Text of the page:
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37
Complexity Results for Throughput and Latency Optimization of Replicated and Dataparallel Workflow
 ALGORITHMICA
, 2007
"... Mapping applications onto parallel platforms is a challenging problem, even for simple application patterns such as pipeline or fork graphs. Several antagonist criteria should be optimized for workflow applications, such as throughput and latency (or a combination). In this paper, we consider a si ..."
Abstract

Cited by 19 (16 self)
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Mapping applications onto parallel platforms is a challenging problem, even for simple application patterns such as pipeline or fork graphs. Several antagonist criteria should be optimized for workflow applications, such as throughput and latency (or a combination). In this paper, we consider a simplified model with no communication cost, and we provide an exhaustive list of complexity results for different problem instances. Pipeline or fork stages can be replicated in order to increase the throughput by sending consecutive data sets onto different processors. In some cases, stages can also be dataparallelized, i.e. the computation of one single data set is shared between several processors. This leads to a decrease of the latency and an increase of the throughput. Some instances of this simple model are shown to be NPhard, thereby exposing the inherent complexity of the mapping problem. We provide polynomial algorithms for other problem instances. Altogether, we provide solid theoretical foundations for the study of monocriterion or bicriteria mapping optimization problems.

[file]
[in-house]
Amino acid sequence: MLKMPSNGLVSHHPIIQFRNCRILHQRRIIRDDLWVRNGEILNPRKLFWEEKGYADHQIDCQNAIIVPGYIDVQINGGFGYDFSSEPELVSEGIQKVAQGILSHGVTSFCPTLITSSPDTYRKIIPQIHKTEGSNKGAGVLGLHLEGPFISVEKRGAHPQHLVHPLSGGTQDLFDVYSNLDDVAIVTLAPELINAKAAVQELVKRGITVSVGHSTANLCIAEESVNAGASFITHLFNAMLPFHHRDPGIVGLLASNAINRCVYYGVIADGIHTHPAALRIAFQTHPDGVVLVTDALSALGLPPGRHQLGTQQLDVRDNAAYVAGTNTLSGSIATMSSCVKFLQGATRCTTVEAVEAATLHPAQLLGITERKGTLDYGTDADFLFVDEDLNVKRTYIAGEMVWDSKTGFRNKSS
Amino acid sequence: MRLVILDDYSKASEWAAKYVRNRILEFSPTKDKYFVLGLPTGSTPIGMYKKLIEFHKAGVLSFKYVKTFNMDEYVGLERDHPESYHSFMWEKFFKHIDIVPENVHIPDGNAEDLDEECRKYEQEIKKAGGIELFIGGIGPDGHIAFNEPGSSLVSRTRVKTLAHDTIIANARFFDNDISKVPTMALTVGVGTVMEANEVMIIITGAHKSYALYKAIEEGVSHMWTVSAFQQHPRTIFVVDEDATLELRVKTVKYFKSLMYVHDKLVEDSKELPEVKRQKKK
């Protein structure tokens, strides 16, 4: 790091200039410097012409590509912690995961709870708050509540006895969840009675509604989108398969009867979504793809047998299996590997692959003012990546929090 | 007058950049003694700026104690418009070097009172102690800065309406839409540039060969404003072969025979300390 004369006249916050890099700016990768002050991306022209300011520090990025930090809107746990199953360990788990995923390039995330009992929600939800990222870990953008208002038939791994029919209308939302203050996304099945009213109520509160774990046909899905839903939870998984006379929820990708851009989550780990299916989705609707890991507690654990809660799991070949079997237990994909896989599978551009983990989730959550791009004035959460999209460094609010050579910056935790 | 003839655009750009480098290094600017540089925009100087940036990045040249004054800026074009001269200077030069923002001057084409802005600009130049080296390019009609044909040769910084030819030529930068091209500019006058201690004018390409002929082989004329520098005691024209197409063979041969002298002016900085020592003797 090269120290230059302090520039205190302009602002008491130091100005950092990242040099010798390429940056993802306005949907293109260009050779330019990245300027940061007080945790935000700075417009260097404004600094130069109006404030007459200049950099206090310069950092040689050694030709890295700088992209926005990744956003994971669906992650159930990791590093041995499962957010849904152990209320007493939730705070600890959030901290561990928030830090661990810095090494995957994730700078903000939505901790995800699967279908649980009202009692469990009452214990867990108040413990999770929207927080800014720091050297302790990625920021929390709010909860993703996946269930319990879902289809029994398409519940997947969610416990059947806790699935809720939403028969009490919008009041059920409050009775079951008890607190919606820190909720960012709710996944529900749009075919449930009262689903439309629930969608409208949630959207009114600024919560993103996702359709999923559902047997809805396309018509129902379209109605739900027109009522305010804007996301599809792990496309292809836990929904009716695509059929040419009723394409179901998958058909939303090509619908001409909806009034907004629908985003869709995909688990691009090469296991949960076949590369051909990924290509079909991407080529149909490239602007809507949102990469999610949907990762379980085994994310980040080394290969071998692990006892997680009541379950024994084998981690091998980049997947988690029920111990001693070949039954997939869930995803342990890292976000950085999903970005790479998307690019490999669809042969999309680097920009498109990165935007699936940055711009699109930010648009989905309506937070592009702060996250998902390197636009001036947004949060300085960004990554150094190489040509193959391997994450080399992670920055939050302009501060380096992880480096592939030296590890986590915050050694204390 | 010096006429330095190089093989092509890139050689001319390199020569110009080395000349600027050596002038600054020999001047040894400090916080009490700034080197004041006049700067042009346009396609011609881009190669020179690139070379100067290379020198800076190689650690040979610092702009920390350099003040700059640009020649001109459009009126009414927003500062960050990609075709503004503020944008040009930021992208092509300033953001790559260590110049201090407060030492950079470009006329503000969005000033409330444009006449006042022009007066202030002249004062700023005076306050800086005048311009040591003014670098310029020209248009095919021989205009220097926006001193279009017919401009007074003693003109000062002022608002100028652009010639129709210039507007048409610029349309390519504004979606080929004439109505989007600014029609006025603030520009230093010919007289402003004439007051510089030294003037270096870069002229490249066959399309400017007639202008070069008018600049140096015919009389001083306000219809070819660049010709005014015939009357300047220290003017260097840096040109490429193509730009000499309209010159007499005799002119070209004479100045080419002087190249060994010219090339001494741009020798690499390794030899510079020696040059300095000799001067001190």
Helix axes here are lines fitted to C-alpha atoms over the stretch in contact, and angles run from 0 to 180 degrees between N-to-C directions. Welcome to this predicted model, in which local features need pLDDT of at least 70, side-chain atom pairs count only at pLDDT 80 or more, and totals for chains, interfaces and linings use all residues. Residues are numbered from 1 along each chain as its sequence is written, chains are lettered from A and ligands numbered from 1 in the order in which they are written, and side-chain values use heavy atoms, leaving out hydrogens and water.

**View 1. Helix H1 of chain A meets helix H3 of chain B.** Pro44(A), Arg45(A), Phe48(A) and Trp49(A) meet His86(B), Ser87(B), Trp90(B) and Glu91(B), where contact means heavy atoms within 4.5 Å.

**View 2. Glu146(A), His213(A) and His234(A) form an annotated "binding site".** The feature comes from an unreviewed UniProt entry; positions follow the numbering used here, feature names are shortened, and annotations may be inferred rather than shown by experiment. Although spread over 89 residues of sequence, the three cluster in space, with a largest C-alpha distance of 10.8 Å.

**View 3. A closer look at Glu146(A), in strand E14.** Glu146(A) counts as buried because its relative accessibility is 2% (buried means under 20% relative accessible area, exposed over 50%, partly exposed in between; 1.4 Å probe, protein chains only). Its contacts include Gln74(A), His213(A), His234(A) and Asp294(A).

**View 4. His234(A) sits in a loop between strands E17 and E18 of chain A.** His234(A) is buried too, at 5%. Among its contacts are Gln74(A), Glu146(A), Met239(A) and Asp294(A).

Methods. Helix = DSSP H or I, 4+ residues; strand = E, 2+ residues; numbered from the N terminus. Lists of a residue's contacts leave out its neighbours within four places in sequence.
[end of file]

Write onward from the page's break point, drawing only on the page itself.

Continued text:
Mapping Linear Workflows with Computation/Communication Overlap
"... This paper presents theoretical results related to mapping and scheduling linear workflows onto heterogeneous platforms. We use a realistic architectural model with bounded communication capabilities and full computation/communication overlap. This model is representative of current multithreaded s ..."
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Cited by 10 (8 self)
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This paper presents theoretical results related to mapping and scheduling linear workflows onto heterogeneous platforms. We use a realistic architectural model with bounded communication capabilities and full computation/communication overlap. This model is representative of current multithreaded systems. In these workflow applications, the goal is often to maximize throughput or to minimize latency. We present several complexity results related to both these criteria. To be precise, we prove that maximizing the throughput is NPcomplete even for homogeneous platforms and minimizing the latency is NPcomplete for heterogeneous platforms. Moreover, we present an approximation algorithm for throughput maximization for linear chain applications on homogeneous platforms, and an approximation algorithm for latency minimization for linear chain applications on all platforms where communication is homogeneous (the processor speeds can differ). In addition, we present algorithms for several important special cases for linear chain applications. Finally, we consider the implications of adding feedback loops to linear chain applications.